Since 1994, National Poetry Day has engaged everyday people with poetry through all kinds of live and virtual events up and down the country. Every year, the poetry is so vast and exciting, that each year receives a new theme. On October 4th 2018, the theme is: Change.
Anyone can run an event to be a part of National Poetry Day, and every classroom is encouraged to take part, too. The National Poetry Day website lists tonnes of free resources for schools, but we thought we'd share with you our favourite kinds of poems (6, to be precise) that you could let your students have a crack at on October 4th.
An acrostic is a poem in which the first letter of each line spells out a word or message. For example:
Positive about Education
Rapid Recall Masters
Objectives? We meet all the best National Curriculum ones!
Primary Education is our thing
Engaging and exciting everyday resources
Lovers of making every lesson a game
Learning something new everyday
Reducing the workload of everyday teachers
Acrostics are easy and fun ways to get everyone in the class writing a poem. There’s no need for them to rhyme, or even make sense! Just make sure the letters at the start spell something out. Everyone in the class could write an acrostic about the person sat next to them, or maybe about their favourite subject in school.
A cinquain poem is a verse of five lines that do not rhyme, and each line has a set number of syllables:
Line 1: 2 Syllables
Line 2: 4 Syllables
Line 3: 6 Syllables
Line 4: 8 Syllables
Line 5: 2 Syllables
The Cinquain poem was created by Adelaide Crapsey – here’s an example of one of her own poems.
Were lighter touch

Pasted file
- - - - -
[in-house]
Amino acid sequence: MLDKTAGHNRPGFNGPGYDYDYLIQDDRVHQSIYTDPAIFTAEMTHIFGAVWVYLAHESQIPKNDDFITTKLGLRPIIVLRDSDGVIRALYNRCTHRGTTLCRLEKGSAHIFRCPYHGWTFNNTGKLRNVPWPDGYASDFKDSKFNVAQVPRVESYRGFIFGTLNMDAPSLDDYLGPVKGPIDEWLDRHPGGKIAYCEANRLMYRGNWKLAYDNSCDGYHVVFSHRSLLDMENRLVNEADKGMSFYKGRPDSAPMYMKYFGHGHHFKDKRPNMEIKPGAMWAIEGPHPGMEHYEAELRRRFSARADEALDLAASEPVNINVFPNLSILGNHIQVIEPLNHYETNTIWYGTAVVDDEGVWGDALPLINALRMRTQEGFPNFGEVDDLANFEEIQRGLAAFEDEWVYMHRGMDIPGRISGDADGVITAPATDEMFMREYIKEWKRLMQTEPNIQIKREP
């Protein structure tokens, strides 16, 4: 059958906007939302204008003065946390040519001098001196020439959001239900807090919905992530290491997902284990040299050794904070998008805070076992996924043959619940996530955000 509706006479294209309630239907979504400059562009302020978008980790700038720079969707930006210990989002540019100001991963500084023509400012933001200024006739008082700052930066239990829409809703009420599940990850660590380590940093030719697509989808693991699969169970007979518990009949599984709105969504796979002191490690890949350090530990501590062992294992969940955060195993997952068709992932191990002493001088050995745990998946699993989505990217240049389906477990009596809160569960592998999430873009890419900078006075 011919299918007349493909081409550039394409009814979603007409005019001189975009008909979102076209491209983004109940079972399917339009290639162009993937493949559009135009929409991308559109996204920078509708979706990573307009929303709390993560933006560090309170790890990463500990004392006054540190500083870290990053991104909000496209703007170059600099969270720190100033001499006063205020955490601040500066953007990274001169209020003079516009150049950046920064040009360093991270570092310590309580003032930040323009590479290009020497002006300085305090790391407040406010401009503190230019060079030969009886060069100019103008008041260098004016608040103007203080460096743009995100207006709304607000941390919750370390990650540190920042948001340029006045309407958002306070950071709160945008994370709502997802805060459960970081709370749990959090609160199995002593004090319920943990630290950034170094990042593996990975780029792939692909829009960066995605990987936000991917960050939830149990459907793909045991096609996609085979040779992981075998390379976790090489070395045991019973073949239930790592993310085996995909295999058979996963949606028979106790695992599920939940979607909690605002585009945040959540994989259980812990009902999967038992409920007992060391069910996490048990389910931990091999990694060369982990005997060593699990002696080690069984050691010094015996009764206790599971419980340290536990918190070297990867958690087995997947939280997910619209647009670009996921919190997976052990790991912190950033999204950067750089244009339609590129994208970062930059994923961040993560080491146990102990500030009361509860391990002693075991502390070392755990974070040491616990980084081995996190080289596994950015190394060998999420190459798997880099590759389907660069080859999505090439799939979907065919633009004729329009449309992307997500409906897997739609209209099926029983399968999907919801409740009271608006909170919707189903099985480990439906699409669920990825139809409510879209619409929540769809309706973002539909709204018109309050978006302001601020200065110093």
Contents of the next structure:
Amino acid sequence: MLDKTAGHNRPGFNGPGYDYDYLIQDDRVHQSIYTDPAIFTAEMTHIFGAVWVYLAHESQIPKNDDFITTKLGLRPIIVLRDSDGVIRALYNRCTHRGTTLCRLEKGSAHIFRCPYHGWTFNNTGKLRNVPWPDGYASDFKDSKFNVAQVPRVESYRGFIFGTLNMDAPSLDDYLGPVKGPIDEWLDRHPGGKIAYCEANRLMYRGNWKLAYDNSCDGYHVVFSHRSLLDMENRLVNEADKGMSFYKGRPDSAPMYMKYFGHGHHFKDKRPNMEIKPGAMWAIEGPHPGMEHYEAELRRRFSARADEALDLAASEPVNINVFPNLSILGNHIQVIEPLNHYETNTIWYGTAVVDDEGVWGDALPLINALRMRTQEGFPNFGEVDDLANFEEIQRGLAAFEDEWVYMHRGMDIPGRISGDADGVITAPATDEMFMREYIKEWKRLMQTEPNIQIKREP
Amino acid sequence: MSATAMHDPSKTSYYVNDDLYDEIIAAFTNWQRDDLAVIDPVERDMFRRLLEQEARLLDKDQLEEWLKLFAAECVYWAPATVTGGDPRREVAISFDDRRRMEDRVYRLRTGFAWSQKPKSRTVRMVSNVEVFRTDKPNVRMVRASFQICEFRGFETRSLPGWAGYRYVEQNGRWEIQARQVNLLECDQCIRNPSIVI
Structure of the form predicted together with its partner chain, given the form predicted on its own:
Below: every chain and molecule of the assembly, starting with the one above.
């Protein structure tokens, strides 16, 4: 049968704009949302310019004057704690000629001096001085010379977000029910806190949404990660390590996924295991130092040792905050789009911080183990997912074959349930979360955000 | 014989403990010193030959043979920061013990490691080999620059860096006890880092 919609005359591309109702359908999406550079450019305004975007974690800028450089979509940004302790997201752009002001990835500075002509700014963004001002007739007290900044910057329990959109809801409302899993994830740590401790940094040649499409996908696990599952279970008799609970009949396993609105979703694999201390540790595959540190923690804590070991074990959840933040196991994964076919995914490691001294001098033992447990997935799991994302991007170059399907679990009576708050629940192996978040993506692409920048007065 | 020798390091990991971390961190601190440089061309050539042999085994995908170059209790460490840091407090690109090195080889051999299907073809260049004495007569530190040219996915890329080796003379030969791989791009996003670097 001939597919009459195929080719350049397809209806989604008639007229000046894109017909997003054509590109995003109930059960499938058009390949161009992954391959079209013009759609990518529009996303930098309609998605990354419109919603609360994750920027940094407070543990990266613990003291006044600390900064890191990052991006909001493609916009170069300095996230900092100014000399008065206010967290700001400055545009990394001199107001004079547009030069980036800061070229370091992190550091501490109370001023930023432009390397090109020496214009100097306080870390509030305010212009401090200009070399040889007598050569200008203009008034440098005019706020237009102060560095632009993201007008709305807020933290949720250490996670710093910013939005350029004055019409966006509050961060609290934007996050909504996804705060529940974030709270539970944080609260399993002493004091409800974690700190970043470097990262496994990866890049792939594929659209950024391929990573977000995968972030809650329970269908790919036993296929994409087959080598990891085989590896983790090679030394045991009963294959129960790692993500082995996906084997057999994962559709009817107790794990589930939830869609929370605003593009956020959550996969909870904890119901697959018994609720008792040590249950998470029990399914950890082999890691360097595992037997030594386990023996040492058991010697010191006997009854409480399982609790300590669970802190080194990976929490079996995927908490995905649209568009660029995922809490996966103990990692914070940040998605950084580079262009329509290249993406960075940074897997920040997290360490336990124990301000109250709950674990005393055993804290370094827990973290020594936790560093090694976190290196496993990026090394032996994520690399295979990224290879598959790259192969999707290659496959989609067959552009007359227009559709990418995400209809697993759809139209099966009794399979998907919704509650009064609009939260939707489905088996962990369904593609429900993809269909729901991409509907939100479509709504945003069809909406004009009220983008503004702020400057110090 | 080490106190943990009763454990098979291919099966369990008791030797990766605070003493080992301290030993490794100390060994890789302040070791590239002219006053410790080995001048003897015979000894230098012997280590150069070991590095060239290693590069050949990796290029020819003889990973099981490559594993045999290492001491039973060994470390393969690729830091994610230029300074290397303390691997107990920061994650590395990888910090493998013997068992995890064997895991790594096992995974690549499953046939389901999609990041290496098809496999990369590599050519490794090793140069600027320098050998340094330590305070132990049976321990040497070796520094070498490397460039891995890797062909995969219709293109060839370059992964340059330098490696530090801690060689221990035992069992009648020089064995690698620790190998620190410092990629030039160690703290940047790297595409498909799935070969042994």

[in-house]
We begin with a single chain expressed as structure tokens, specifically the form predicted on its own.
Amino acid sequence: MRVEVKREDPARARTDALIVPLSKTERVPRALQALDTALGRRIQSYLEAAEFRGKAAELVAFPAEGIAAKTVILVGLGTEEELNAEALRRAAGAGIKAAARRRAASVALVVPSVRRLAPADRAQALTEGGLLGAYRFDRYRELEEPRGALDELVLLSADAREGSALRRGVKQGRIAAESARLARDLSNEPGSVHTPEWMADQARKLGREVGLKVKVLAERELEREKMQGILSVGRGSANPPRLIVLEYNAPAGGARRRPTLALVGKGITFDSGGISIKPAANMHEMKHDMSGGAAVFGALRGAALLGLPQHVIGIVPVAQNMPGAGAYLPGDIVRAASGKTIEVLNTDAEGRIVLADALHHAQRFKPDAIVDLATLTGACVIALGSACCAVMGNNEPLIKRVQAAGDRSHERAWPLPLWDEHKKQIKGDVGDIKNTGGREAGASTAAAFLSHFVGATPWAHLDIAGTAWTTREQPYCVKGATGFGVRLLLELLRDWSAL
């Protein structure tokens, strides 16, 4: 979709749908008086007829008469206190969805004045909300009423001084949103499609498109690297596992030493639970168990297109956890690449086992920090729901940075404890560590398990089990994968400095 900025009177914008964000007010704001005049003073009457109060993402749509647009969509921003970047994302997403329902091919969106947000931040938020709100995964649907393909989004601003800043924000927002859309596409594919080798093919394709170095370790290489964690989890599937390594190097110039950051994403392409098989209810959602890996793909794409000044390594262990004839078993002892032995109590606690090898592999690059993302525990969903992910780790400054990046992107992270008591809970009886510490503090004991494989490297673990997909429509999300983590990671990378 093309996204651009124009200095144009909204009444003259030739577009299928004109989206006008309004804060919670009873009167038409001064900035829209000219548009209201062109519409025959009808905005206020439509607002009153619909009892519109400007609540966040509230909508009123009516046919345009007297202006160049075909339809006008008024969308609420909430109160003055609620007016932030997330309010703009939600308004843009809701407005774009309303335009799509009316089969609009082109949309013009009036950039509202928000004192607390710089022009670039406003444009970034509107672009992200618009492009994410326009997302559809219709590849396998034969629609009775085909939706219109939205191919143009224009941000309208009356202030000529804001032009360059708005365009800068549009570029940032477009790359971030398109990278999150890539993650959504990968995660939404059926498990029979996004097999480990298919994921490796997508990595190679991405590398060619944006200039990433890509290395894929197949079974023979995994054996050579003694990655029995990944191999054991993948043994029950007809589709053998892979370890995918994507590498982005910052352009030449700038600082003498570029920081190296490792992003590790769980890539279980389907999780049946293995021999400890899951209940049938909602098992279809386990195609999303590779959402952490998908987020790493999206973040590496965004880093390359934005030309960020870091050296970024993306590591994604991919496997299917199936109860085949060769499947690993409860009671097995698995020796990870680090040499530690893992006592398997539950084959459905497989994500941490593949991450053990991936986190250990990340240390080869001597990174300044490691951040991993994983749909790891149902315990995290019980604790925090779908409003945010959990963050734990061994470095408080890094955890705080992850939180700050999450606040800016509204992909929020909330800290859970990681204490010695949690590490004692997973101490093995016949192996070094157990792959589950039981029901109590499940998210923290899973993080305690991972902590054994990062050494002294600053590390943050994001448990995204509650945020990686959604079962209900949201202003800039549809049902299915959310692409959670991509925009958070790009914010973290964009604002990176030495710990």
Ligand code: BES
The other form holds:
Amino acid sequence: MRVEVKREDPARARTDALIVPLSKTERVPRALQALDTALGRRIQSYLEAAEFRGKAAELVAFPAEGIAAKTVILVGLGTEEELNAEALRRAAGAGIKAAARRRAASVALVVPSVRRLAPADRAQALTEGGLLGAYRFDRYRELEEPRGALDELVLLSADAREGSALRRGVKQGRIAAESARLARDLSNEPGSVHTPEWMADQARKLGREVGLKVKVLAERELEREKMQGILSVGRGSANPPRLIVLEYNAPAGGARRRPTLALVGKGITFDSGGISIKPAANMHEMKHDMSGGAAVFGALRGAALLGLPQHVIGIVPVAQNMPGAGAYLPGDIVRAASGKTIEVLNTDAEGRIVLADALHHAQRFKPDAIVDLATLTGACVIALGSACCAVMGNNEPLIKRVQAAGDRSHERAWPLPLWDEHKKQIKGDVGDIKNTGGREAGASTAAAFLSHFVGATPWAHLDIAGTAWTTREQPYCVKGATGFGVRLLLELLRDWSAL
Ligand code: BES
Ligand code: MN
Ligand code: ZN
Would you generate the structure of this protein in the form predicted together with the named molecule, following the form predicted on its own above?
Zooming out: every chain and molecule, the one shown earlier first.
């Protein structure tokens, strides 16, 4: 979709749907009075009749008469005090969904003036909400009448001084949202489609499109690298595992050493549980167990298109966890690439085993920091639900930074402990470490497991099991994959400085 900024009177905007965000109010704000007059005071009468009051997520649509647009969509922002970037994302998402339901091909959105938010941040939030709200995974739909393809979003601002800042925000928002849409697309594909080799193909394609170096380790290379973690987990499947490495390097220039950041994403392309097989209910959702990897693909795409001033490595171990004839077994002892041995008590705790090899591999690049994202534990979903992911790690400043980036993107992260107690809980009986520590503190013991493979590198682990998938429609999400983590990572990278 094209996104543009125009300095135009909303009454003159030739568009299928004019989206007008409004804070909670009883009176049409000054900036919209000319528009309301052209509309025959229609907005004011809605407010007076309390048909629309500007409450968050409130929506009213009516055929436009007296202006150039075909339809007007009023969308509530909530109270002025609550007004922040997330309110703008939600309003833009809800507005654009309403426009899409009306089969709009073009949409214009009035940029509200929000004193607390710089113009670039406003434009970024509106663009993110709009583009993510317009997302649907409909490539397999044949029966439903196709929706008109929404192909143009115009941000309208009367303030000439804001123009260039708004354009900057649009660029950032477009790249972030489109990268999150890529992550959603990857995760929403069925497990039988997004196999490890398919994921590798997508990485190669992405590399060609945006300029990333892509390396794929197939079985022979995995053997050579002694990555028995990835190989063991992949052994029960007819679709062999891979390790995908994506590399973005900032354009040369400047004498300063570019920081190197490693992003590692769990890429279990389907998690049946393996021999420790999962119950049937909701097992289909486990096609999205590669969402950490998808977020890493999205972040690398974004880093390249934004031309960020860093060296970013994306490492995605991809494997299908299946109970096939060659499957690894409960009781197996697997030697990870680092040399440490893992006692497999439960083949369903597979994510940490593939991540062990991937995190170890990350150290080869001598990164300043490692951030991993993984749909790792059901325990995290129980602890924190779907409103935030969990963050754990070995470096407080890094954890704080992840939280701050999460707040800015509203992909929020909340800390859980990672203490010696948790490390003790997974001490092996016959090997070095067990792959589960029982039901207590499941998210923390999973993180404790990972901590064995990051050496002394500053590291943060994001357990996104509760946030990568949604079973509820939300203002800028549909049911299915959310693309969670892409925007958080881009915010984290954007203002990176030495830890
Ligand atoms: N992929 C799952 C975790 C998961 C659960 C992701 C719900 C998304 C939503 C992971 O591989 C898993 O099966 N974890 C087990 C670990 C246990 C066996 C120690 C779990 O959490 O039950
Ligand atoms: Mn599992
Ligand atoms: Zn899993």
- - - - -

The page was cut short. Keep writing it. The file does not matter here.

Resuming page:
Than petal on flower resting
On grass, oh still too heavy it were,
Can your class write a poem while counting all the syllables in every line?
If five lines restricted by syllables is a bit too much, try a Haiku. Haikus consist of 3 lines and 17 syllables broken up by:
Line 1: 5 Syllables
Line 2: 7 Syllables
Line 3: 5 Syllables
Haikus, like Cinquains, don’t have to rhyme, but it’s a challenge if you want one. Try and get students to write a haiku where lines 1 and 3 rhyme.
For a little bit more fun but also a little more challenge, try writing limericks with your class. There are syllable rules again, but they’re a little bit more flexible…
- The first, second and fifth lines should rhyme and have the same number of syllables (typically 8 or 9)
- The first and forth lines rhyme with each other and have the same number of syllables (typically 5 or 6)
Limericks are traditionally a bit silly, so you can go wild with your ideas. In fact, the first limericks appeared in a book called ‘Book of Nonsense’ in the 1800s by Edward Lear. One of his poems was about a man in a boat…
There was an Old Man in a boat,
Who said, ‘I’m afloat, I’m afloat!’
When they said, ‘No! You ain’t!’
He was ready to faint,
That unhappy Old Man in a boat.
Everyone knows a rhyming poem, so if you want something you don’t have to explain too much, let your class run wild with a traditional rhyming poem and see what they come up with.
You could get them to read existing poems and pick out the rhyming patterns and try to mimic them in their own writing. Start with something simple like Twinkle Twinkle Little Star and see if your students can pick out that the rhymes come in pairs.
If you want coloured pencils and another level of creativity woven into your World Poetry Day, try a shape poem. A Shape Poem, as defined by the Young Writers, is a type of poetry that describes an object and is shaped the same as the object the poem is describing.
You could write a poem about the sun or a cookie in a circle, about love in a heart or about a rainbow in a rainbow!
We'd love to hear about what you get up to on National Poetry Day, and how you make these poem types work with the theme of 'change'. Tag us in your pictures on twitter, we're @propeller_learn!